Thursday 27th September 2018
Speaker: Madeline Goold

The working collaboration between Eric Gill and Jacob Epstein in 1910 altered the course of sculpture in England. Rejecting both the Beaux Arts tradition of preparatory, modelled maquettes, and the mason’s rigid craft practice, they did their carving themselves, ‘…uniting what should never have been separated: the artist as a man of imagination and the artist as workman.’ (Gill, Autobiography). The lecturer, a professional stone carver, describes the ancient and Romanesque carving techniques and the Beaux Arts tradition and, using archive photographs, reveals Gill and Epstein’s methods. Examples of today’s direct carving in stone (of which the lecturer is an exponent) are shown.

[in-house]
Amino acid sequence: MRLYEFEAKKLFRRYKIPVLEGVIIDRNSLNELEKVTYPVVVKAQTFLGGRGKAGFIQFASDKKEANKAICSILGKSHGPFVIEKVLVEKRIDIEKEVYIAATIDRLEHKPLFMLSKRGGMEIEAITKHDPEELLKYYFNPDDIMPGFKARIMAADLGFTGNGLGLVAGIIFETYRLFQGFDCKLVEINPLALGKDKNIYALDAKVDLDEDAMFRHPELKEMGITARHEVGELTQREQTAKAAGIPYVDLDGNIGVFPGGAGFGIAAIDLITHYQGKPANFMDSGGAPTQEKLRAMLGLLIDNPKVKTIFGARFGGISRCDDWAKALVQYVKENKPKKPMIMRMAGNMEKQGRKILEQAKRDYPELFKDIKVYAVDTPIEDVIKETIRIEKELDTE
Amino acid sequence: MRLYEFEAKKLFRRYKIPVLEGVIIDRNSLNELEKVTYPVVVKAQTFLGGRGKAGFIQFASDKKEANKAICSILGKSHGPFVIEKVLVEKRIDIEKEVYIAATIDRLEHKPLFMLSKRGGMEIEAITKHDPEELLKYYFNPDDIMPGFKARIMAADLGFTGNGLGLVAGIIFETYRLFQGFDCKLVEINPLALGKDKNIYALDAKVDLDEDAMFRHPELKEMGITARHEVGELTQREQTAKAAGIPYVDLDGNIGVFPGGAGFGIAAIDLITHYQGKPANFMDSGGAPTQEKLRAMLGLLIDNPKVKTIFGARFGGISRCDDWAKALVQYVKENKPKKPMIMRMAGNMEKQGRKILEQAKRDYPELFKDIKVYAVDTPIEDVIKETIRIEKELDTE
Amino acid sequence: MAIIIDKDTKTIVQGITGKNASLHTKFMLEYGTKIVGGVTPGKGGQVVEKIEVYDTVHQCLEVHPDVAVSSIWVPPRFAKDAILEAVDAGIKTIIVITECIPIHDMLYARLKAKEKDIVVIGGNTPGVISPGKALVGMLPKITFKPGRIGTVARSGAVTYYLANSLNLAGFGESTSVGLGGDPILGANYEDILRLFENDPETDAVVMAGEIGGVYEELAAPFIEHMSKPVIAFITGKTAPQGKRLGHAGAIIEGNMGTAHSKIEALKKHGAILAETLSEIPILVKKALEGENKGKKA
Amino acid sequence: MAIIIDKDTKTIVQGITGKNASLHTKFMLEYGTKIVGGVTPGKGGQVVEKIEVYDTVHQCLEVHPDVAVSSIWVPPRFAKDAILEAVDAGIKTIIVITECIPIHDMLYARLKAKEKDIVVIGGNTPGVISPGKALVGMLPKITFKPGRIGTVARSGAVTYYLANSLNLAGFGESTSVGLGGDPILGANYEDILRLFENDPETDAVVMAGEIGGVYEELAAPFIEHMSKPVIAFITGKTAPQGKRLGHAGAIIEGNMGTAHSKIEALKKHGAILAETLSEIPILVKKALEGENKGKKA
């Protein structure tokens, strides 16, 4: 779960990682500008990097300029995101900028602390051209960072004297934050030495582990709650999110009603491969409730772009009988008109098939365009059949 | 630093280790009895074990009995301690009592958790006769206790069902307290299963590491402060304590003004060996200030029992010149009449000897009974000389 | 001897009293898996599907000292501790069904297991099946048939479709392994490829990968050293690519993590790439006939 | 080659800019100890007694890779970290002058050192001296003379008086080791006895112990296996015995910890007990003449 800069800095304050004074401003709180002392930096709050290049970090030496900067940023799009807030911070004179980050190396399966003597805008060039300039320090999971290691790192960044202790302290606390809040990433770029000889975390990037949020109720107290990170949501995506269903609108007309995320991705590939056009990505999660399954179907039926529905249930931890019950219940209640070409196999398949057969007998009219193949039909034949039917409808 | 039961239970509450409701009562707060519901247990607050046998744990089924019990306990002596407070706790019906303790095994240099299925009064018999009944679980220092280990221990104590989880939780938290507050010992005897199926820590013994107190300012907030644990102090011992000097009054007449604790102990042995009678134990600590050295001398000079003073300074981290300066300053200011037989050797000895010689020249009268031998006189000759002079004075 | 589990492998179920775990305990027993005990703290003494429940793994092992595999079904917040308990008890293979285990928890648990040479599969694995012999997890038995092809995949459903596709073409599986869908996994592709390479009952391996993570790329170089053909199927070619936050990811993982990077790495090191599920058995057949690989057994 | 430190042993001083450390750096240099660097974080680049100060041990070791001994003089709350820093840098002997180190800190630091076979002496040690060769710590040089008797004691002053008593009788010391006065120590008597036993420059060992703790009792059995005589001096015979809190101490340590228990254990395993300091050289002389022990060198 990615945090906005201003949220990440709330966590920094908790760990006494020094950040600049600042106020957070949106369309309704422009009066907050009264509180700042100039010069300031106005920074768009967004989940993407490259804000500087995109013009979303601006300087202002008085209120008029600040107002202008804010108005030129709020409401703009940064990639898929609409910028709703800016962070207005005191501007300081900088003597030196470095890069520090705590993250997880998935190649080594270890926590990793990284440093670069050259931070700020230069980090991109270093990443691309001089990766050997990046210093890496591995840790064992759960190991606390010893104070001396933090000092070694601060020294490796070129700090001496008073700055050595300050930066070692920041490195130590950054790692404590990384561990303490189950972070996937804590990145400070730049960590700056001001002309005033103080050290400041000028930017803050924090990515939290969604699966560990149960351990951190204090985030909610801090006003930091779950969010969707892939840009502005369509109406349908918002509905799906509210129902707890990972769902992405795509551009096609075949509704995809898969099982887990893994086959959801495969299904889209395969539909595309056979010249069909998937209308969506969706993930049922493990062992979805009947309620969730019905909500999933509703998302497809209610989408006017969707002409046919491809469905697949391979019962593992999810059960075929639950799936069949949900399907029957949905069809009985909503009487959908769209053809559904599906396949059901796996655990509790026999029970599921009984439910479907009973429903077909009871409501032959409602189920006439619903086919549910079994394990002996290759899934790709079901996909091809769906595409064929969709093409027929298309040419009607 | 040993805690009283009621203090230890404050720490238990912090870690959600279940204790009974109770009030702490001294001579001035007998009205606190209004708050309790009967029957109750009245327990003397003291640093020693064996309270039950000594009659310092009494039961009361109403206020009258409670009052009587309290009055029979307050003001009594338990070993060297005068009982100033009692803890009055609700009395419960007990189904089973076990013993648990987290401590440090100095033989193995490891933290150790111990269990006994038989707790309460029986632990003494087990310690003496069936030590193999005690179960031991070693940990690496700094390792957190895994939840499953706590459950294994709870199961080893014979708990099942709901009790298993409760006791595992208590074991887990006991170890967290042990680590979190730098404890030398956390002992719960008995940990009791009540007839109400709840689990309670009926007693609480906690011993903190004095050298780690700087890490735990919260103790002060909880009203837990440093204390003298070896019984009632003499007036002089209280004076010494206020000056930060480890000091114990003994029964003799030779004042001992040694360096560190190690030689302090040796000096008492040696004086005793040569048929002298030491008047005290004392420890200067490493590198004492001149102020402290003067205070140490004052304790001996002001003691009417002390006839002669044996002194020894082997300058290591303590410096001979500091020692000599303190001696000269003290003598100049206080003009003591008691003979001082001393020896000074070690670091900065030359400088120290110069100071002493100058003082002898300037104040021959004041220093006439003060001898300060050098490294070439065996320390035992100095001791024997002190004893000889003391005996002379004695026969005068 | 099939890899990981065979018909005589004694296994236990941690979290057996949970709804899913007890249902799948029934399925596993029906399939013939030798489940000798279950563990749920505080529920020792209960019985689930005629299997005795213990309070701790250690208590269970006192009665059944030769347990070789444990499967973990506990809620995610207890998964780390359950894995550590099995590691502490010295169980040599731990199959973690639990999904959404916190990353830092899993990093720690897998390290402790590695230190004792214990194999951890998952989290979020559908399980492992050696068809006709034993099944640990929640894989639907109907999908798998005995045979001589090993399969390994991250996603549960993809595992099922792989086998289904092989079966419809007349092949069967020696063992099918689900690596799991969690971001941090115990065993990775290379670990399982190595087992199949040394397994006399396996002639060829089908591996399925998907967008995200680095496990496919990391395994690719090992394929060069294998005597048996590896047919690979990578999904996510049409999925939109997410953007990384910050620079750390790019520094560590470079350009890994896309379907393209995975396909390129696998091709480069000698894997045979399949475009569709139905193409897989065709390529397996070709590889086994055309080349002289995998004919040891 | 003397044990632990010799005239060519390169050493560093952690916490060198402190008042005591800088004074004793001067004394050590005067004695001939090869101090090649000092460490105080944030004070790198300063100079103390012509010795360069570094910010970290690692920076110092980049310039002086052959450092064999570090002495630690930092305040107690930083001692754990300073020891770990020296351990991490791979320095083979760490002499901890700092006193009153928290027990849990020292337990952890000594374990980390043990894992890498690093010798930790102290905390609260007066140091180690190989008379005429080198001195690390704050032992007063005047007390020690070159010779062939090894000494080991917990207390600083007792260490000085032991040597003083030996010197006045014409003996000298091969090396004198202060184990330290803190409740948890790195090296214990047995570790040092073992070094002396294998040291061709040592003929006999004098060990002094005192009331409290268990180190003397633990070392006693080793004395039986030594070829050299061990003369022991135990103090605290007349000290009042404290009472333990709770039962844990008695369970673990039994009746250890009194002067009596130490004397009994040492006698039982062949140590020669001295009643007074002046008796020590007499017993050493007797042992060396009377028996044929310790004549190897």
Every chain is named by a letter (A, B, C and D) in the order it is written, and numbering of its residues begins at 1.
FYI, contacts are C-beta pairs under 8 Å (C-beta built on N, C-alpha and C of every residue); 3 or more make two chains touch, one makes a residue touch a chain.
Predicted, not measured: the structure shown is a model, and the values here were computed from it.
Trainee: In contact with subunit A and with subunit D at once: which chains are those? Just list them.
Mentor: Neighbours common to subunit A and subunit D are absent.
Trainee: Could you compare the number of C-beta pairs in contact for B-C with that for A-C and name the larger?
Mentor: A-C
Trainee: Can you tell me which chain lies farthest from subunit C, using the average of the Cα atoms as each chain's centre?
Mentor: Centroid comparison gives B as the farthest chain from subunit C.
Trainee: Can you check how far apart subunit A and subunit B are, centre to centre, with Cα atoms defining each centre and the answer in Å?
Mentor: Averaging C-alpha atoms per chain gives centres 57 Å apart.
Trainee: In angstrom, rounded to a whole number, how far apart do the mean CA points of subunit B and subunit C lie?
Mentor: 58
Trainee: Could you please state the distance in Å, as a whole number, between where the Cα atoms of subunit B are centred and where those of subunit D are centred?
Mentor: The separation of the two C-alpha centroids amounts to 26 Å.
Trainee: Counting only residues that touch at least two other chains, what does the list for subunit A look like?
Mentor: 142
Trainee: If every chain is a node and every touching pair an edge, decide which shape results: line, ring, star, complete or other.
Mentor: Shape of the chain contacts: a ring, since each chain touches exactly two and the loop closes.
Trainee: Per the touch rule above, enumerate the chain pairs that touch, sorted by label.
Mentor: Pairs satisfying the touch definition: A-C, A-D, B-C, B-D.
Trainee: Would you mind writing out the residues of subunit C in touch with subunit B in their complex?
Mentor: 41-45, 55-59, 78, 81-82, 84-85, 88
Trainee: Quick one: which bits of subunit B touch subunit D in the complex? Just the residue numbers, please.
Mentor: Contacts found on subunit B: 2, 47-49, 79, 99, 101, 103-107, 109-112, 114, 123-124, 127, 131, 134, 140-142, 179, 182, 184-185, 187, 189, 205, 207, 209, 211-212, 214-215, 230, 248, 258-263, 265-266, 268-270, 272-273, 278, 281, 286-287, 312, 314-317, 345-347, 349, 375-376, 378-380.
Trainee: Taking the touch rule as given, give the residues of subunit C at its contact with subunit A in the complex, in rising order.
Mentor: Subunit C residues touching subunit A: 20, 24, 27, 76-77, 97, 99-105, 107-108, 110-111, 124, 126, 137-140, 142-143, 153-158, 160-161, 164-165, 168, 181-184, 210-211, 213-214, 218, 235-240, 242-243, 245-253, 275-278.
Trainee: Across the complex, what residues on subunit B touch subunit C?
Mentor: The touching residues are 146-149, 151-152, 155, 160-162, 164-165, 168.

Madeline Goold, LLB; B.A; M.Phil; SWLA, originally read Law at the London School of Economics, and later Fine Art and Art History at the Barber Institute, Birmingham. She teaches stone carving at her studio and exhibits with the Society of Wildlife Artists to which she was elected in 2009. She is a LAMDA (London Academy of Music and Dramatic Art) gold medallist with Distinction in public speaking.